LA CROSSE, Wis. -- The first ballots for Wisconsin's first-ever statewide recall primary are being cast this week.

Absentee voting started Monday across the state.

La Crosse City Clerk Teri Lehrke said it's hard to know what voter turnout is going to be like over the next several weeks because there's really no precedent for this type of election. But she does say we could see greater turnout than we had for the presidential primary earlier this month.

But with hectic schedules and vacations, getting to the voting booth on May 8 for the recall primary can be a challenge for some people.

That's where absentee voting comes into play.

"It's a convenience to voters. Some people really like that because they can come to the municipal clerk's office on their own time or they can request an absentee ballot," said Lehrke.

Either way, Wisconsinites no longer have to give a reason why they want to vote absentee, whether they're going to be out of town or if they just want to avoid long lines at the polls.

"It used to be that you had to have a reason such as being an election official, or age, or illness, disability, that kind of thing. But then the legislature eliminated that requirement quite a few years ago," said Lehrke.

University of Wisconsin-La Crosse political analyst Joe Heim said that's one way Wisconsin tries to make it as easy as possible to vote.

"Wisconsin historically has had very easy access to ballots -- same-day registration, for example, easy registration in advance. The absentee ballots, system has always been pretty easy. Like I said, you don't even have to give a reason. All those are designed to increase participation in the state. We rank historically in the top five in turnout in the United States," said Heim.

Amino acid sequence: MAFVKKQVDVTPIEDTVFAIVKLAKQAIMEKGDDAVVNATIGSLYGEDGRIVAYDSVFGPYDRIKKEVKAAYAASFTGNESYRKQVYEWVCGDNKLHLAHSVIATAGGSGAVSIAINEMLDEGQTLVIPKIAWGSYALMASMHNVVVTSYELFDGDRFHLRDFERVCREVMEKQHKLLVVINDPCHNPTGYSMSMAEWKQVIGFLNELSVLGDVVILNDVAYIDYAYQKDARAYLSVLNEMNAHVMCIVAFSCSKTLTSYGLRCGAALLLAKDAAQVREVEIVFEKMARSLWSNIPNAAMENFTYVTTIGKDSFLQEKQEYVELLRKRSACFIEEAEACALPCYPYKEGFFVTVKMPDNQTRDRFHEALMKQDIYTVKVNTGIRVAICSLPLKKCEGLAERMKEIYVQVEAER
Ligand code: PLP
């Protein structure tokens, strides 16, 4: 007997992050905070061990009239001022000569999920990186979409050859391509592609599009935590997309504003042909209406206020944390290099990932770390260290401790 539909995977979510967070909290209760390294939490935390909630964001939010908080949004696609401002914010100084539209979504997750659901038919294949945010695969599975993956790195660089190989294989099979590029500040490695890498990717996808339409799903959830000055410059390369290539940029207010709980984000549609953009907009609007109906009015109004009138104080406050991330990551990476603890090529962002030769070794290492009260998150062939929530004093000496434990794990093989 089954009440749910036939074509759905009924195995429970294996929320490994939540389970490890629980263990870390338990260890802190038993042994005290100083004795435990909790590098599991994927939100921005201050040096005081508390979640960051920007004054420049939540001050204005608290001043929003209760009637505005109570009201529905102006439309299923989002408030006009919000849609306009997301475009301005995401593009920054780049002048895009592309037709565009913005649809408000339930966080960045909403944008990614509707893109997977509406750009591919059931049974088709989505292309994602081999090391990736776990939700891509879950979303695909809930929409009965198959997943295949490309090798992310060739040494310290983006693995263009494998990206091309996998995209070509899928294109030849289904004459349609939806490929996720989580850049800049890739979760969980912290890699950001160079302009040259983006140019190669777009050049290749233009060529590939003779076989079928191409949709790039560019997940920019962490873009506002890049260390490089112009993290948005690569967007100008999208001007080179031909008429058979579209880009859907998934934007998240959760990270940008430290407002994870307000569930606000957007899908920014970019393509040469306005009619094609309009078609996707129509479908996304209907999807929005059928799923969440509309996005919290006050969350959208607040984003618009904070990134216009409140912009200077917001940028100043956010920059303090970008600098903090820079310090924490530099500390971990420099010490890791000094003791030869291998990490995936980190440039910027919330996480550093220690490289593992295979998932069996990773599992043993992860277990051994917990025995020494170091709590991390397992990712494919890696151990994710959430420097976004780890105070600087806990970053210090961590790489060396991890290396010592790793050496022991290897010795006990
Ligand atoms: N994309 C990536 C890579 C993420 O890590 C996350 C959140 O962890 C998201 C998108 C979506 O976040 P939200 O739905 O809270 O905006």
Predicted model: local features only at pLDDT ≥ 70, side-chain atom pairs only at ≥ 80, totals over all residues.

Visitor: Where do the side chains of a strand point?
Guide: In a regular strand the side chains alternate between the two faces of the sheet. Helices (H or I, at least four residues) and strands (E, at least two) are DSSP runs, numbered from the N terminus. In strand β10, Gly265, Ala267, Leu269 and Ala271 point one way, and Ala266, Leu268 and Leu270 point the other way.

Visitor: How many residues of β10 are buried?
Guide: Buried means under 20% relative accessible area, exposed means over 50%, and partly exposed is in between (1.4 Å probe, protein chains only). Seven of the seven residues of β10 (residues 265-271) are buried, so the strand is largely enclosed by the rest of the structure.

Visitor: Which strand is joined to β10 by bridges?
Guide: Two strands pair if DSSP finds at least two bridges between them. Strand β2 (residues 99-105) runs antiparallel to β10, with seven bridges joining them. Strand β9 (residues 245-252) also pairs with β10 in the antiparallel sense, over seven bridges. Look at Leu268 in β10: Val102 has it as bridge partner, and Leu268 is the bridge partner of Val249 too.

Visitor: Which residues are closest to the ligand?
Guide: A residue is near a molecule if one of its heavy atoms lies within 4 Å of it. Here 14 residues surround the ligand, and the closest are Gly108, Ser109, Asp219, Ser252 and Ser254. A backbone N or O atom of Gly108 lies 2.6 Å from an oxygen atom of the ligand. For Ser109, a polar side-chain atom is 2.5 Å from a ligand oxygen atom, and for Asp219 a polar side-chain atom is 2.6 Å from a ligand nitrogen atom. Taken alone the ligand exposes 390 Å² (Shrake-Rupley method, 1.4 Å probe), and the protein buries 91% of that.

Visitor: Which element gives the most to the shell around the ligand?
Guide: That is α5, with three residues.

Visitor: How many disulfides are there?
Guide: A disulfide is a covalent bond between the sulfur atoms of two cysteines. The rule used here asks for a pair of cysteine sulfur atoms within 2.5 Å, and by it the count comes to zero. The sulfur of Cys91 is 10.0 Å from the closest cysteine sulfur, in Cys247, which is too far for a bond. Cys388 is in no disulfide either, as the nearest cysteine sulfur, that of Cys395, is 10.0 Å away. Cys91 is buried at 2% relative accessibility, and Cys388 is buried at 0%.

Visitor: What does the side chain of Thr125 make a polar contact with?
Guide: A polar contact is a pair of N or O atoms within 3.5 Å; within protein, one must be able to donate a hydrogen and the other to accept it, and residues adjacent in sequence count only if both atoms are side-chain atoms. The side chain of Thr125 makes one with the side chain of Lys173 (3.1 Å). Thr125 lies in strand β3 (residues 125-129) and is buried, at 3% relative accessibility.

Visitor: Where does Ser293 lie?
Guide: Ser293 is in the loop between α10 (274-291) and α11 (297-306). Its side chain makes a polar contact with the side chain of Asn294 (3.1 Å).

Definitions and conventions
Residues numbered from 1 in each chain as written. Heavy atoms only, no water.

He said both parties are encouraging their supporters to vote absentee more and more.

"That has expanded greatly as the parties have become more adversarial. And every vote counts. You know, we've had some really close elections. And the parties now are looking for every advantage they can," said Heim.

There's been a lot of talk about the Democratic challengers for governor, but what you may not know is there's a Republican candidate running against Walker in the primary, too. Voters can only choose one candidate in the primary, not one from each party.

The deadline for in-person absentee voting is May 4 at 5 p.m. Mail-in absentee ballots must be postmarked by election day on May 8 and received by May 11.
Voters will not be required to show a photo ID at the polls.